Today marks the day, 9 years ago, that I lost my mom to brain cancer. The first couple years my sister and stepdad and I would go to her grave. That always felt a little uncomfortable and sad to me personally because a gravestone in the middle of town amongst a sea of other dead waiting to be remembered held no significance to me or maybe it just felt so final? Either way, I couldn’t do the whole visiting the grave thing. I felt guilty for years that I rarely visited her grave but for me…that’s just not where she was. I felt nothing by being there except sadness and awkwardness. I just don’t get graveyards — they are definitely for the living but I guess, for myself, I’d much rather go have a glass of wine on the porch in the home where she actually lived.
Sometimes after we would try to have some breakfast or lunch and be together which was nice but it was still too hard to accept the fact that she was gone and here we were eating brunch and trying to act like this wasn’t hard. Other years I stayed in bed and was sad all day. I didn’t particularly like that either.
So a couple years ago, after the breakfasts and lunches kind of faded away because we got busy and the day felt less ceremonious and ritualistic, I decided to honor and remember my mom in my own way. It’s still a sad day for me every year but enough time has passed that it doesn’t feel as raw like the only thing I CAN do on that day is cry a whole lot.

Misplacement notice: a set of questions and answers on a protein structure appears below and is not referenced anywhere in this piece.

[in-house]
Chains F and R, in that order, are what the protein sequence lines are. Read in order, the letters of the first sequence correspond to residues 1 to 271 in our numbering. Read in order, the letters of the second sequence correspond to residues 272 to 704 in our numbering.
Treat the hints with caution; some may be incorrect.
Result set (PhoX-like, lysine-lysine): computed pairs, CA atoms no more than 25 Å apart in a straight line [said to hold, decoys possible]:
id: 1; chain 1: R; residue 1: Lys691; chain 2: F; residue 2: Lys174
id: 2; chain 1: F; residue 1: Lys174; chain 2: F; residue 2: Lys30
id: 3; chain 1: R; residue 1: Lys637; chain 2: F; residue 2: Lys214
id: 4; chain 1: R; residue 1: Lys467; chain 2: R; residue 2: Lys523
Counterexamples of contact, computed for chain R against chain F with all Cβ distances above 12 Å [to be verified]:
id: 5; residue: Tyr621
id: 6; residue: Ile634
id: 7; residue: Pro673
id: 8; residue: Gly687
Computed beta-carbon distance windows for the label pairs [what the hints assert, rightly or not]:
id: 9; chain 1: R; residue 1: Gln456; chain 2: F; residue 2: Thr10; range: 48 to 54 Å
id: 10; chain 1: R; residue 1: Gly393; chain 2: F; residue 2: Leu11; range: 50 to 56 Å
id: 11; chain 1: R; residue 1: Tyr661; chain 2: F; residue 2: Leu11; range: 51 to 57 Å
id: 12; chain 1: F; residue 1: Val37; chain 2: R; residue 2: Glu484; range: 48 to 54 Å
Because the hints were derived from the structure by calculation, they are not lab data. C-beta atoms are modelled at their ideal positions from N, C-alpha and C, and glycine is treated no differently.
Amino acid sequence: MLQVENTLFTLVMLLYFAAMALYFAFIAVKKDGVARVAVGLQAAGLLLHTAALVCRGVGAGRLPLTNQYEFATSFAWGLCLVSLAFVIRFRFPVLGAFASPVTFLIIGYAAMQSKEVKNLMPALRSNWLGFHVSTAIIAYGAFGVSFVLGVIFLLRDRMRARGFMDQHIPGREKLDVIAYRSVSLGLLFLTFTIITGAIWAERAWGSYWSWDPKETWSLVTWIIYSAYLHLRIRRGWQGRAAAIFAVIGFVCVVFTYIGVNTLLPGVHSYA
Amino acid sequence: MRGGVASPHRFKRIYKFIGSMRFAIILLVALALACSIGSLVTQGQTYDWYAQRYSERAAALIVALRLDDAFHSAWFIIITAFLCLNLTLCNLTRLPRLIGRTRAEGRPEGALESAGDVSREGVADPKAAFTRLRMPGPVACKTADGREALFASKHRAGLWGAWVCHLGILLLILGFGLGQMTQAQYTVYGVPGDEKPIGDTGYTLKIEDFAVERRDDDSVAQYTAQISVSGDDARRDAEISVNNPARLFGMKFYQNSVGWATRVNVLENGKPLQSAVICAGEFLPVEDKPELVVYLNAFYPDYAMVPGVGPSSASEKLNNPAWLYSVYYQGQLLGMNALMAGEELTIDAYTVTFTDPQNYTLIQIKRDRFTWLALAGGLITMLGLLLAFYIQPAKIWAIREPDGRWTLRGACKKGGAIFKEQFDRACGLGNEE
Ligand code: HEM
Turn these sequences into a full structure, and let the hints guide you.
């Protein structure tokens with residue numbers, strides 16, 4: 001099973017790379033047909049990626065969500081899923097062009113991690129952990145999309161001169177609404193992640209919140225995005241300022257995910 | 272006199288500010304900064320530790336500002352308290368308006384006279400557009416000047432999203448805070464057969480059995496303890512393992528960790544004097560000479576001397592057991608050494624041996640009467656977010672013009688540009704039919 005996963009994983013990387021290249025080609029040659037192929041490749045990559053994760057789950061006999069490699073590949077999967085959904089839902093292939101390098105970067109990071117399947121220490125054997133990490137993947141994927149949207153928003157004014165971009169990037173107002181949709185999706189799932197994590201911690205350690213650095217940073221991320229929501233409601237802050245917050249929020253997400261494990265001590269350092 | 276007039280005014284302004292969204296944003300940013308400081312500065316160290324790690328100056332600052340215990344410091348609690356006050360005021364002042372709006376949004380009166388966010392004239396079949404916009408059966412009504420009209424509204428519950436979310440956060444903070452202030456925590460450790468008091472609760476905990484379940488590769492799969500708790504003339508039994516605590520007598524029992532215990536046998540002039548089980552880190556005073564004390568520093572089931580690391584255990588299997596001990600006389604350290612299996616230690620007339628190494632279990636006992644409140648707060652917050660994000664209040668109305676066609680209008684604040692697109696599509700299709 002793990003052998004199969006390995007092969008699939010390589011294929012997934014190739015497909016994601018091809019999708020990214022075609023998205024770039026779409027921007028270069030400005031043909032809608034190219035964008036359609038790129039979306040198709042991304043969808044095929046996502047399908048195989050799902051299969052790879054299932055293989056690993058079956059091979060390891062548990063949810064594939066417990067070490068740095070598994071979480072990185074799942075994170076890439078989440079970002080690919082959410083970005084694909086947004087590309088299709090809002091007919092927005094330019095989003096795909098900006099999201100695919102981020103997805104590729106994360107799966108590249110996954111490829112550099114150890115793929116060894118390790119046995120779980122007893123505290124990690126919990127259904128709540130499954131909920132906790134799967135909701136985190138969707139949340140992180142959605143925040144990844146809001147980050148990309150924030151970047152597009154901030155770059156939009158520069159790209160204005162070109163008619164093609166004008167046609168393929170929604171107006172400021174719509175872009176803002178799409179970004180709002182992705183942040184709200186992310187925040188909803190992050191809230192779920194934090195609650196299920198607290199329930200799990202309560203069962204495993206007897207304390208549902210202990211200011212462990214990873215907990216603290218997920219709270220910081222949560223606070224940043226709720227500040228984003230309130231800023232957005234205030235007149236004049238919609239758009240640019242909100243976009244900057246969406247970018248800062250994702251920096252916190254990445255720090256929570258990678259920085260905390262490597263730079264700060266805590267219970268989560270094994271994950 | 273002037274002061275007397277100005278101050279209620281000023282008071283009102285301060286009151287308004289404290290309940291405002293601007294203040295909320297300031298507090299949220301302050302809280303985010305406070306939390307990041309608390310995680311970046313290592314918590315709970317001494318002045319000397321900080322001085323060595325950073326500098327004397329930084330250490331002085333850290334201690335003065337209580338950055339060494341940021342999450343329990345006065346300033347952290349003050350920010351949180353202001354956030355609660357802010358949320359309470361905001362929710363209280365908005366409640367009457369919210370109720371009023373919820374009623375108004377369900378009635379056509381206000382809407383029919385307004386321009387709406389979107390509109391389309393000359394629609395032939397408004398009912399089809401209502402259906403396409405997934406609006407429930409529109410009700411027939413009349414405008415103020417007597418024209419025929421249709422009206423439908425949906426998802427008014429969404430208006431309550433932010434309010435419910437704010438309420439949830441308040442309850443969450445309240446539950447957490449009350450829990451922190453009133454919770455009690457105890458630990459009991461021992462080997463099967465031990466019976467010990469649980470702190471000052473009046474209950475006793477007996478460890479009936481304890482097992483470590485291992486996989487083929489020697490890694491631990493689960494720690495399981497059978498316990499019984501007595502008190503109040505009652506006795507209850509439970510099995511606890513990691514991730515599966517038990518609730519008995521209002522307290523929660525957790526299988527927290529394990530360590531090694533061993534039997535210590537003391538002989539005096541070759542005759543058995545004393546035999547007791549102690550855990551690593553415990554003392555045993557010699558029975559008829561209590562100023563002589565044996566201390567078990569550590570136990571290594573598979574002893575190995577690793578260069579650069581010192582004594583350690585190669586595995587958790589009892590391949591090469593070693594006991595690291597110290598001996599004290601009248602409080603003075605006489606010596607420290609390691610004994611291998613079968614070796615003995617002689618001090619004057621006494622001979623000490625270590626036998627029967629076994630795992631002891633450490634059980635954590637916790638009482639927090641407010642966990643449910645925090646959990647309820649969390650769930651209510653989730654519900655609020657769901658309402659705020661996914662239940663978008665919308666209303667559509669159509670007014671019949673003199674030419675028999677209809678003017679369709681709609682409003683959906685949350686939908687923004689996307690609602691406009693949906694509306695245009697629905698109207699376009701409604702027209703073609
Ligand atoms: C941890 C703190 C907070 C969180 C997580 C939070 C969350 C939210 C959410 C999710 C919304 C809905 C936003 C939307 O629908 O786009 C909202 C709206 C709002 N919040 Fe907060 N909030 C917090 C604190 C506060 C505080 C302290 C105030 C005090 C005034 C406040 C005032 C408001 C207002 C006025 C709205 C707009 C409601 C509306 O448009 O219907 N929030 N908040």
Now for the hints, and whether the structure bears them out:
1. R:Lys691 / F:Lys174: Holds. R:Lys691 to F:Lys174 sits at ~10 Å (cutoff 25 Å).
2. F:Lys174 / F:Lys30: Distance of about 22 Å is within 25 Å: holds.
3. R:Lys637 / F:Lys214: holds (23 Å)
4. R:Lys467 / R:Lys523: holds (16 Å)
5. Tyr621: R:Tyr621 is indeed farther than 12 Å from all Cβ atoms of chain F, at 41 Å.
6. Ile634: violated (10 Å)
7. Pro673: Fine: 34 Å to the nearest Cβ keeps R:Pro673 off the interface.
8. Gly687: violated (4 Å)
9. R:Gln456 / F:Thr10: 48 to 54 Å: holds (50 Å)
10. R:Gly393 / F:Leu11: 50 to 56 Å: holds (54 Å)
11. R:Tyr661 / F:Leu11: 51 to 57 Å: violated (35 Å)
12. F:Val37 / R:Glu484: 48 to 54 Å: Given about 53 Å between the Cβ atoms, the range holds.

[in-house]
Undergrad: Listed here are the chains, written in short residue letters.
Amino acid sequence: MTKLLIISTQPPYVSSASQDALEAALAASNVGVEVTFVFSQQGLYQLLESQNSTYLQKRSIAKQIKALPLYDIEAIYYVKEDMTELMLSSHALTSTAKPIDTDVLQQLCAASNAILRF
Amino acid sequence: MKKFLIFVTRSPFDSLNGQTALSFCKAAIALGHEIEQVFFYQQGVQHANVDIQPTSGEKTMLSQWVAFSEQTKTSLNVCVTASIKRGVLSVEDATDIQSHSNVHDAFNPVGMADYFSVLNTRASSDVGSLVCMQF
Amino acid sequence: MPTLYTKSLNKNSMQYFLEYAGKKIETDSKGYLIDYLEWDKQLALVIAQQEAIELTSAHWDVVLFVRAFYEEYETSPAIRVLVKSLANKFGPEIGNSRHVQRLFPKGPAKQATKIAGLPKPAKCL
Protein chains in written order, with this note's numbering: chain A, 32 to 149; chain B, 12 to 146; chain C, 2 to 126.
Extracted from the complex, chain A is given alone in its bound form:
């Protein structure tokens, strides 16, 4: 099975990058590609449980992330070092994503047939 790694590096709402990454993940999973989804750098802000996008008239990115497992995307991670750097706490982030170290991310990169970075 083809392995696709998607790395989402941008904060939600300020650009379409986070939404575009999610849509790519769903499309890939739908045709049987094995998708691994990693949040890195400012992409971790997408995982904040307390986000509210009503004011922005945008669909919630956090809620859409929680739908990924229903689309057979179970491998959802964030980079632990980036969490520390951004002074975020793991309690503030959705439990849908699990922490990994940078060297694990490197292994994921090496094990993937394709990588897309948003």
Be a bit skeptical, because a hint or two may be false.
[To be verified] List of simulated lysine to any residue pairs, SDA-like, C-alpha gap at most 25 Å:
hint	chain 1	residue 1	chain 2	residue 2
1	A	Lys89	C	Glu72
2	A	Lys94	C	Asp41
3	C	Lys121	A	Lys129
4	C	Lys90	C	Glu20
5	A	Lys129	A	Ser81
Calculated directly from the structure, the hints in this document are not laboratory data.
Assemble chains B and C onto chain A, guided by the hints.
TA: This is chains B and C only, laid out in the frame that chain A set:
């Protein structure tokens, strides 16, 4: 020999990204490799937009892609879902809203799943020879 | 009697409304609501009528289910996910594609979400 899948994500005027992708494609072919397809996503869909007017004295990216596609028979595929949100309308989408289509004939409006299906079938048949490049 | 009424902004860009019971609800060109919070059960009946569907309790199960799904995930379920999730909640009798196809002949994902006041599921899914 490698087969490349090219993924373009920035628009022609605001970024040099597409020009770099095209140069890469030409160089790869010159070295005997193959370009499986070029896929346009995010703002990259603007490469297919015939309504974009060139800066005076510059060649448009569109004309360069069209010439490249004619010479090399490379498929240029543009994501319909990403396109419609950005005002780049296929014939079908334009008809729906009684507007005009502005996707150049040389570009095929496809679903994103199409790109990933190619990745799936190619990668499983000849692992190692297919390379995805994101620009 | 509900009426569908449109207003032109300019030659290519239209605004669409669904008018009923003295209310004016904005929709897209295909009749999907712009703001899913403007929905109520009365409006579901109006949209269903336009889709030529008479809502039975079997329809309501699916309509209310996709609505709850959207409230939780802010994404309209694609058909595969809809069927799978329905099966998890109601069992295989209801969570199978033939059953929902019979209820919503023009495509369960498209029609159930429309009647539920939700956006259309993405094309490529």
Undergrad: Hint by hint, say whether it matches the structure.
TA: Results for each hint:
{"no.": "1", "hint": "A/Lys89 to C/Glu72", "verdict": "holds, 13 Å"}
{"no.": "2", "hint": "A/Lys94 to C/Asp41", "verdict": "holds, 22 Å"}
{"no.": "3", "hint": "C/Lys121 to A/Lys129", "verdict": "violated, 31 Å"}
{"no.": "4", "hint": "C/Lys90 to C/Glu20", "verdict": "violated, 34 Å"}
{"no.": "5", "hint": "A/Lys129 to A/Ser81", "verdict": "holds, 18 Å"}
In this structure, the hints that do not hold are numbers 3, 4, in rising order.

For the past couple years on this day I’ve been trying to do things that my mom loved. It might be as simple as having a glass of wine (my mom was a big wine-o) and listening to Jimmy Buffett (her favorite). One year I went to beach because my mom grew up in Florida and the beach was one of her favorite places on this earth. I always have a little dance party because my mom was THAT person on the dance floor and always loved to dance so much.
This year when I was thinking about what I’d do to honor my mom I started thinking about memory and how 9 years was a long time and how I’m scared I’m going to run out of things that I remember she loved. I talked about this a little bit in my P.S. I Still Love You book talk but that’s one of my greatest fears — not remembering. Or forgetting the details — what her laugh sounded like, how her face looked for real and not just in pictures, what her favorite food was, etc.
Making fun of my mom (on the left) because of how she scraped her legs falling down in her wedding dress in Jamaica
And I kind of had a moment this morning. My mom’s favorite dessert of all time was carrot cake. It’s not my favorite but I’ve grown to like it. I was thinking about how I wanted to get some carrot cake today but was trying to think of a backup favorite in case I couldn’t find any easily. And then I just sat there because I couldn’t remember what else she liked dessert-wise. And then I panicked. How could I not know or remember? What if I didn’t know all along? How could I not have paid more attention? And so on.